“We are your older brothers… and the problem with you is that you keep changing your laws! You have no one ancestral law. You are focused on change, but we are focused on order.”
This arresting observation was made to me by a member of the Kogi, a remarkable indigenous community in Colombia’s Sierra Nevada de Santa Marta. We met through the good offices of Juan Mayr, photographer, environmental crusader, Goldman Prize winner, former Minister of the Environment in Colombia and staunch advocate and friend of the Kogi and their neighbors, the Arhuaco.
We met over coffee in Bogotá, just across from the National Library. With the Kogi gentleman was a companion from the neighboring tribe, the Arhuaco (they asked that I not use their names). Both were in town for meetings, and their message was quite simple: the world must find balance with the environment, and soon, or disaster was inevitable. It is a message they have been attempting to communicate for decades, and indeed, the essence of the Kogi belief system is deeply attuned to environmental sensibilities. The focus of Kogi life is to maintain balance, particularly between the physical and spiritual world, and living in what they consider to be the corazon del mundo –the heart of the world– , they see it as their special task to maintain balance for all humankind.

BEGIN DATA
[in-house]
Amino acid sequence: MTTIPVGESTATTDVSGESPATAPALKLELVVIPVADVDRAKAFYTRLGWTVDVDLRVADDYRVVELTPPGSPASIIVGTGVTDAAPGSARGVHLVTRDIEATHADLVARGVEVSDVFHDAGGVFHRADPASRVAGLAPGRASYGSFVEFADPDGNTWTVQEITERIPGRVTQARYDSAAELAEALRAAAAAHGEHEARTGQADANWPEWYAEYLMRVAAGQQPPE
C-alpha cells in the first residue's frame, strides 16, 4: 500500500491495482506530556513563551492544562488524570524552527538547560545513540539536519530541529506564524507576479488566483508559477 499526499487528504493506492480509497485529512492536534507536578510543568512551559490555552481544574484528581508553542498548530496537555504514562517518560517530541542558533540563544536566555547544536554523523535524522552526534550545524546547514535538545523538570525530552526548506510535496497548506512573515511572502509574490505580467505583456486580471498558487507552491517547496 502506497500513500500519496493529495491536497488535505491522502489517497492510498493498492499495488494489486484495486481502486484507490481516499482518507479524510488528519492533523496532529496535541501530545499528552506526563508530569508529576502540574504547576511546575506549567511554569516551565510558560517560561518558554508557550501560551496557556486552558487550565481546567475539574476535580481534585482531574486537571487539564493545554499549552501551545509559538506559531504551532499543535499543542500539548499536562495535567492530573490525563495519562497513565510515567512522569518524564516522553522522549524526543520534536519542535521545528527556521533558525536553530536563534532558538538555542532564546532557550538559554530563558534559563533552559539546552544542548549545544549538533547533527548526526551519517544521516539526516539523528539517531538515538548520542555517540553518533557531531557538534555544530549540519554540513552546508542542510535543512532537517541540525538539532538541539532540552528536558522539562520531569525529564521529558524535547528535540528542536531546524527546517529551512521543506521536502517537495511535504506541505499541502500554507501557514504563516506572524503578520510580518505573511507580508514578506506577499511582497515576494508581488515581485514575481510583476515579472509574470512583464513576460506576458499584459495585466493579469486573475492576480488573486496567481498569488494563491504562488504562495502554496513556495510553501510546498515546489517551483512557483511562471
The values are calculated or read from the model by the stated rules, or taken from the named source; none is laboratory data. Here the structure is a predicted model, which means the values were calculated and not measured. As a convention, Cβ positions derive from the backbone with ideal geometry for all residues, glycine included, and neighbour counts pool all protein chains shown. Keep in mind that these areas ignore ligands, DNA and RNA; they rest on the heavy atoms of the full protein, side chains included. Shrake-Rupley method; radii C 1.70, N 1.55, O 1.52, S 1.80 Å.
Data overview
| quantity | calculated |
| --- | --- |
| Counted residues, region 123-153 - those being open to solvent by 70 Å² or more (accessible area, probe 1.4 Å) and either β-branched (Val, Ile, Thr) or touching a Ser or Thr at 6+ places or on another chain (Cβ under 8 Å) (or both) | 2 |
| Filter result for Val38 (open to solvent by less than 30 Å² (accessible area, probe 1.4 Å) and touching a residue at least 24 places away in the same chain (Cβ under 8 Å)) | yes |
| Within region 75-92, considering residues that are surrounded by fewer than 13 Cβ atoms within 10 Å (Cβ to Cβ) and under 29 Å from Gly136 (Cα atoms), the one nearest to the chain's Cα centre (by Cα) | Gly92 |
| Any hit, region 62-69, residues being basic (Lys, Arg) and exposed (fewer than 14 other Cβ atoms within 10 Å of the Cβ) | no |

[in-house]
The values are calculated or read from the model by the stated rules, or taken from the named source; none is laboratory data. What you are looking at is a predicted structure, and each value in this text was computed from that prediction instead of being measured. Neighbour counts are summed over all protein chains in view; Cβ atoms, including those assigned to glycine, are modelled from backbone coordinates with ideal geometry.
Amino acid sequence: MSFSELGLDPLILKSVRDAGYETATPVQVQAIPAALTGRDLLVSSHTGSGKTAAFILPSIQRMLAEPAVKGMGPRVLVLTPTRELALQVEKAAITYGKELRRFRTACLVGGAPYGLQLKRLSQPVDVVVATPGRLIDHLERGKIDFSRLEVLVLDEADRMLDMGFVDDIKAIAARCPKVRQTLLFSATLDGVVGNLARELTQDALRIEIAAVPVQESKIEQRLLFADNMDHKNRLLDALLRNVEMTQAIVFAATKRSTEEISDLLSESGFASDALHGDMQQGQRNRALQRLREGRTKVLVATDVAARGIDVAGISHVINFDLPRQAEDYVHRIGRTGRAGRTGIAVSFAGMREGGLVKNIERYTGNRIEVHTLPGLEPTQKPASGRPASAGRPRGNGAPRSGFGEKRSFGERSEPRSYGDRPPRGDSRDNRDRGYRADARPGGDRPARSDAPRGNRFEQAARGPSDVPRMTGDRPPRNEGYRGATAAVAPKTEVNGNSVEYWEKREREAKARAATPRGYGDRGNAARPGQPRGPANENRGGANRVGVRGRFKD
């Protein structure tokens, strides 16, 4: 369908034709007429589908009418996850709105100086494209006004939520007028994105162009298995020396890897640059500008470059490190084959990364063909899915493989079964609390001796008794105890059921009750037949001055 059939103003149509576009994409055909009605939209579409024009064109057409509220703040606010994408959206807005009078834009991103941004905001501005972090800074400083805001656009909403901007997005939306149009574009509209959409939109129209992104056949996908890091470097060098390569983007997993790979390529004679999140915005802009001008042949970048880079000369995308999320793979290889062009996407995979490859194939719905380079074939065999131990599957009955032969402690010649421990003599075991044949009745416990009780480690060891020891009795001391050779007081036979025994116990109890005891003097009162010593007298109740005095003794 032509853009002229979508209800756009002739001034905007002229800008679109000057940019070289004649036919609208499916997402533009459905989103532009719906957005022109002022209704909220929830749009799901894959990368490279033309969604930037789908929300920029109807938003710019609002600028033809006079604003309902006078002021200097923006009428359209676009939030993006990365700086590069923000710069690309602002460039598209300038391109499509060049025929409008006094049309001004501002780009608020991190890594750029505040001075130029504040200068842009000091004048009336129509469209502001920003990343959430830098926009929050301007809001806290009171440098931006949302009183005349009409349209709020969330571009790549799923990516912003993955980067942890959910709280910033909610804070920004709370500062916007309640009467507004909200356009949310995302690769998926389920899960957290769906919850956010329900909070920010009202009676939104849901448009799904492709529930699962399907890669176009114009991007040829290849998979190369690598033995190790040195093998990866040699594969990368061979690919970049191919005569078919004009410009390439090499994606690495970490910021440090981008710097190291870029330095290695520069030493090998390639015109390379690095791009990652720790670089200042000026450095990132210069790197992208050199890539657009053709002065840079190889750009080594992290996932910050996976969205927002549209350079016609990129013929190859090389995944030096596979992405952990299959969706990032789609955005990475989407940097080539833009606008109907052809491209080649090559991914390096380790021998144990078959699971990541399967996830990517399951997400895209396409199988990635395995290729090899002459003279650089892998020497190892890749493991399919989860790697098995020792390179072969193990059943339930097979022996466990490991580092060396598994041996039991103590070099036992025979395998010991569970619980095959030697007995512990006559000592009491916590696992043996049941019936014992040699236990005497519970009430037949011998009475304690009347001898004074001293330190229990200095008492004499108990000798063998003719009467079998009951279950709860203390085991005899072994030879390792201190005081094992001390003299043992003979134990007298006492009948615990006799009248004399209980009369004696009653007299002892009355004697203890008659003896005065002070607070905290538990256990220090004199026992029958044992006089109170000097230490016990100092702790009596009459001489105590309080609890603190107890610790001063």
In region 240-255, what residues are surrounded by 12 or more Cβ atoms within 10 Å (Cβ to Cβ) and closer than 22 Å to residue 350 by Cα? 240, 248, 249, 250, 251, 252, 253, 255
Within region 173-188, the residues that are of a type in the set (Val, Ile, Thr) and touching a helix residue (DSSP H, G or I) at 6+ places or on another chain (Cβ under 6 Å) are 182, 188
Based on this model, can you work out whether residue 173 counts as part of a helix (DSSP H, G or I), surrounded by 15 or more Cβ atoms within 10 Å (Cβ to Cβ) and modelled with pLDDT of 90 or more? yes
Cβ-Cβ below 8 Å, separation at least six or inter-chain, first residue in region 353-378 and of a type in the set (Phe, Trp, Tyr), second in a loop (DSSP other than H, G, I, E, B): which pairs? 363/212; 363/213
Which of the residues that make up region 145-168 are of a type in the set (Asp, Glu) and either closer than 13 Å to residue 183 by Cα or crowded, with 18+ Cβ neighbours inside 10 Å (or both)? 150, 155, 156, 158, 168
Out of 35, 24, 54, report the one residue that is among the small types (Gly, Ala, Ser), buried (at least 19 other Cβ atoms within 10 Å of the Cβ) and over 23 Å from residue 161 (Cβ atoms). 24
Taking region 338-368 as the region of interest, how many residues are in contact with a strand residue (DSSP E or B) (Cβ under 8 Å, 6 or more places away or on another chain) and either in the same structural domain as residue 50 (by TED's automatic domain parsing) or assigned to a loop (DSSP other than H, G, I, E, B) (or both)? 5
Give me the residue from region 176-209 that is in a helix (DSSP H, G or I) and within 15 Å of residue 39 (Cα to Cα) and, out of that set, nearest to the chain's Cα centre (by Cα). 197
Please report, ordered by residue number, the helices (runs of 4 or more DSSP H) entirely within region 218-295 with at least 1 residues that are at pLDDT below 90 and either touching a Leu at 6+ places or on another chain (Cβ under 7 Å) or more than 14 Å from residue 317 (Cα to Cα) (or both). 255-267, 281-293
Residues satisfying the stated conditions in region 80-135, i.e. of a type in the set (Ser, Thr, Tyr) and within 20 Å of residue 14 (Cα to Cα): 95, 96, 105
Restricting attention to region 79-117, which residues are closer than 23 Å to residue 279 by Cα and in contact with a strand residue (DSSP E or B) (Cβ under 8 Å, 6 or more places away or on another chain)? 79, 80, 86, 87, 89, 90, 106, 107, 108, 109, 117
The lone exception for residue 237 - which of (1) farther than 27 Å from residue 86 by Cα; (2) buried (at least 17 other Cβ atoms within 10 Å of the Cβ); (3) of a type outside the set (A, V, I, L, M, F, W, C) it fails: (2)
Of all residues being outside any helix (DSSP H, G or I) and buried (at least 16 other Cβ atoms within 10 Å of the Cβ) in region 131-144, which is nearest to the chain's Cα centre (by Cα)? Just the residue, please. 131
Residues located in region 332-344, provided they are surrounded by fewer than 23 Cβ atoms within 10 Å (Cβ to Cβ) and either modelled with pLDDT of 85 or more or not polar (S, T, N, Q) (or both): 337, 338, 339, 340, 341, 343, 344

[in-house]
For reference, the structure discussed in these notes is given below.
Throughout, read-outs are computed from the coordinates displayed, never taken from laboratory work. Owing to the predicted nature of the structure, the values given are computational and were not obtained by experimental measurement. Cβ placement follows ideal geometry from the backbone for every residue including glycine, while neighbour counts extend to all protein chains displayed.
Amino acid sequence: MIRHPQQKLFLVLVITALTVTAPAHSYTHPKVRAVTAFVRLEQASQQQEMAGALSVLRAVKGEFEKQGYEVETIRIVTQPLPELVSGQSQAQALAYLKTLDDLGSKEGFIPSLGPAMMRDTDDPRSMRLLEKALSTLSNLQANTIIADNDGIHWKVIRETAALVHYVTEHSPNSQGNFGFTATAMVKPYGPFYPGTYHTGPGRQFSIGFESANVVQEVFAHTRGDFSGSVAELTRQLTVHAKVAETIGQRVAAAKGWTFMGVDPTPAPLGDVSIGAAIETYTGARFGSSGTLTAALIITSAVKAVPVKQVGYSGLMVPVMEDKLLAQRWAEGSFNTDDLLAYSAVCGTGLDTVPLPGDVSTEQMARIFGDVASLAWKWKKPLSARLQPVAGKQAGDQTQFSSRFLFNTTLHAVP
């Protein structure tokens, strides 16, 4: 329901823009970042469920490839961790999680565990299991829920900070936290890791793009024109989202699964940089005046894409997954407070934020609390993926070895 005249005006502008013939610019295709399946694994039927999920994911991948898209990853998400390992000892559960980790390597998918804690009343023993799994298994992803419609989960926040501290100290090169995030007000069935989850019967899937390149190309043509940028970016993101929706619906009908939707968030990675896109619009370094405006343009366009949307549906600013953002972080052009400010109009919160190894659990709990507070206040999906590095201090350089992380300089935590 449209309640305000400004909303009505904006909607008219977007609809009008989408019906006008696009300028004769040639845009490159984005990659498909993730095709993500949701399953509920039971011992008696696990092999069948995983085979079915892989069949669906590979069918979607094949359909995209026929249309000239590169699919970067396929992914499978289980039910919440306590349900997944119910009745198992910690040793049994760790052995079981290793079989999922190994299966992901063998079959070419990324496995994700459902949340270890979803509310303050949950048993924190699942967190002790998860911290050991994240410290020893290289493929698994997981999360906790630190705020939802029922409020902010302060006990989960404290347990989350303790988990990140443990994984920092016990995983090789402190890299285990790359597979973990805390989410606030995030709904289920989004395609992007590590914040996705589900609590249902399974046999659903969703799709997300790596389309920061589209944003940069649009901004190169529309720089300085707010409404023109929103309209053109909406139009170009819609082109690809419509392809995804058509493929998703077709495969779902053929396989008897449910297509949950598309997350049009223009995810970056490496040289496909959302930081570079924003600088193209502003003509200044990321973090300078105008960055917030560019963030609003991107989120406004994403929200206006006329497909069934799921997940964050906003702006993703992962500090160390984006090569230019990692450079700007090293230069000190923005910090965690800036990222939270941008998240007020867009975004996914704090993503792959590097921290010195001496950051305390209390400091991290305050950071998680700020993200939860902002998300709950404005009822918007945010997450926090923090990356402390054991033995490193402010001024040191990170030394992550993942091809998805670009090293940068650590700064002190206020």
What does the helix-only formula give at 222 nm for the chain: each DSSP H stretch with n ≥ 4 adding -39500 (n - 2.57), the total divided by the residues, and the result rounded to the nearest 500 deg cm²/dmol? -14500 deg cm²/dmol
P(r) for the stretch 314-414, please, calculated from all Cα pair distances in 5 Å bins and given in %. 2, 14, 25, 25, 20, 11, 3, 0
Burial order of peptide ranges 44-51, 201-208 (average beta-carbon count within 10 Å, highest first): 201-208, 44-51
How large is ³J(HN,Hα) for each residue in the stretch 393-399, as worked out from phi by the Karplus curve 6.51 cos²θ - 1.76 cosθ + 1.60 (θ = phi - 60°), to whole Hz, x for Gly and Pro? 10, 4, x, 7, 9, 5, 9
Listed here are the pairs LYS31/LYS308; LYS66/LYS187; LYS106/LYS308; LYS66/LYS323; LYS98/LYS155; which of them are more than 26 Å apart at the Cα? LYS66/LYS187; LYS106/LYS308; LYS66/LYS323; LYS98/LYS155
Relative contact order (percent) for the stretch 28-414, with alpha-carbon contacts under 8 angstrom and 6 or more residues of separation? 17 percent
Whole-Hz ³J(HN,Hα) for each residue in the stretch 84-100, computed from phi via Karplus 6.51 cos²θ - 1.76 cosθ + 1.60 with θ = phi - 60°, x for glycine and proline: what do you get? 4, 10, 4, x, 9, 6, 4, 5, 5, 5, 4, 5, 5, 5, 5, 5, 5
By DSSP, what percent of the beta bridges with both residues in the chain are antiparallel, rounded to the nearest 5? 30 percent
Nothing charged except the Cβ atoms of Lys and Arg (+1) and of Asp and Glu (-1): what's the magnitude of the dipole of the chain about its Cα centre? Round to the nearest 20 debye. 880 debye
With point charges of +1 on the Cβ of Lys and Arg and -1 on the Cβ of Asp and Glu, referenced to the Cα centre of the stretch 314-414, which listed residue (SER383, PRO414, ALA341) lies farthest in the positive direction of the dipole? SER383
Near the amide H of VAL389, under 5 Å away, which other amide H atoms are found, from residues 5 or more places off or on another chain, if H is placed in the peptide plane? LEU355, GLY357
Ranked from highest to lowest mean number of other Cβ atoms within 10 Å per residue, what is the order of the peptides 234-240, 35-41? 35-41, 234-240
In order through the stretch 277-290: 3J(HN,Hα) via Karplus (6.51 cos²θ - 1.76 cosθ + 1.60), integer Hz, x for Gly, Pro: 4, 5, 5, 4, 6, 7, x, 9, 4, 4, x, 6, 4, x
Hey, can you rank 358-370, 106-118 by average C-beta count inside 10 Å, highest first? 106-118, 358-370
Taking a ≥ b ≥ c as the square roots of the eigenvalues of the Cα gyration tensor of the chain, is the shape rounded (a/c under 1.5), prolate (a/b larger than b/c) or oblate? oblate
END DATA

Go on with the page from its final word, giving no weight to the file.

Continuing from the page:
Their message is all the more compelling for they truly live what they say. Balance and restraint are at the heart of Kogi and Arahuaco society, and when they do something, they do it with great deliberation. A delegation recently visited Washington to carry their message to those most responsible for and (hopefully) most able to change the current course of events. The trip took place only after three years of deliberation and debate by the Kogi and Arhuaco elders during which consensus was slowly but solidly reached.
Let us hope their message was heard. Meanwhile, their numbers diminish and their magical homeland (now a biosphere Reserve) continues to change in the face of global climate change. The glaciers are retreating and are all but gone. Forest exploitation by non-natives is happening on all sides, and the consequent erosion is creating a cycle of flood and drought. thanks to the work of Juan Mayr and others steps are being taken to protect the Kogi/Aruhuaco homeland, but of course they would tell us that is not enough. The Kogi will do all they can to protect their heart of the world, but they will succeed only if the rest of us understand and truly live their message of restraint and balance.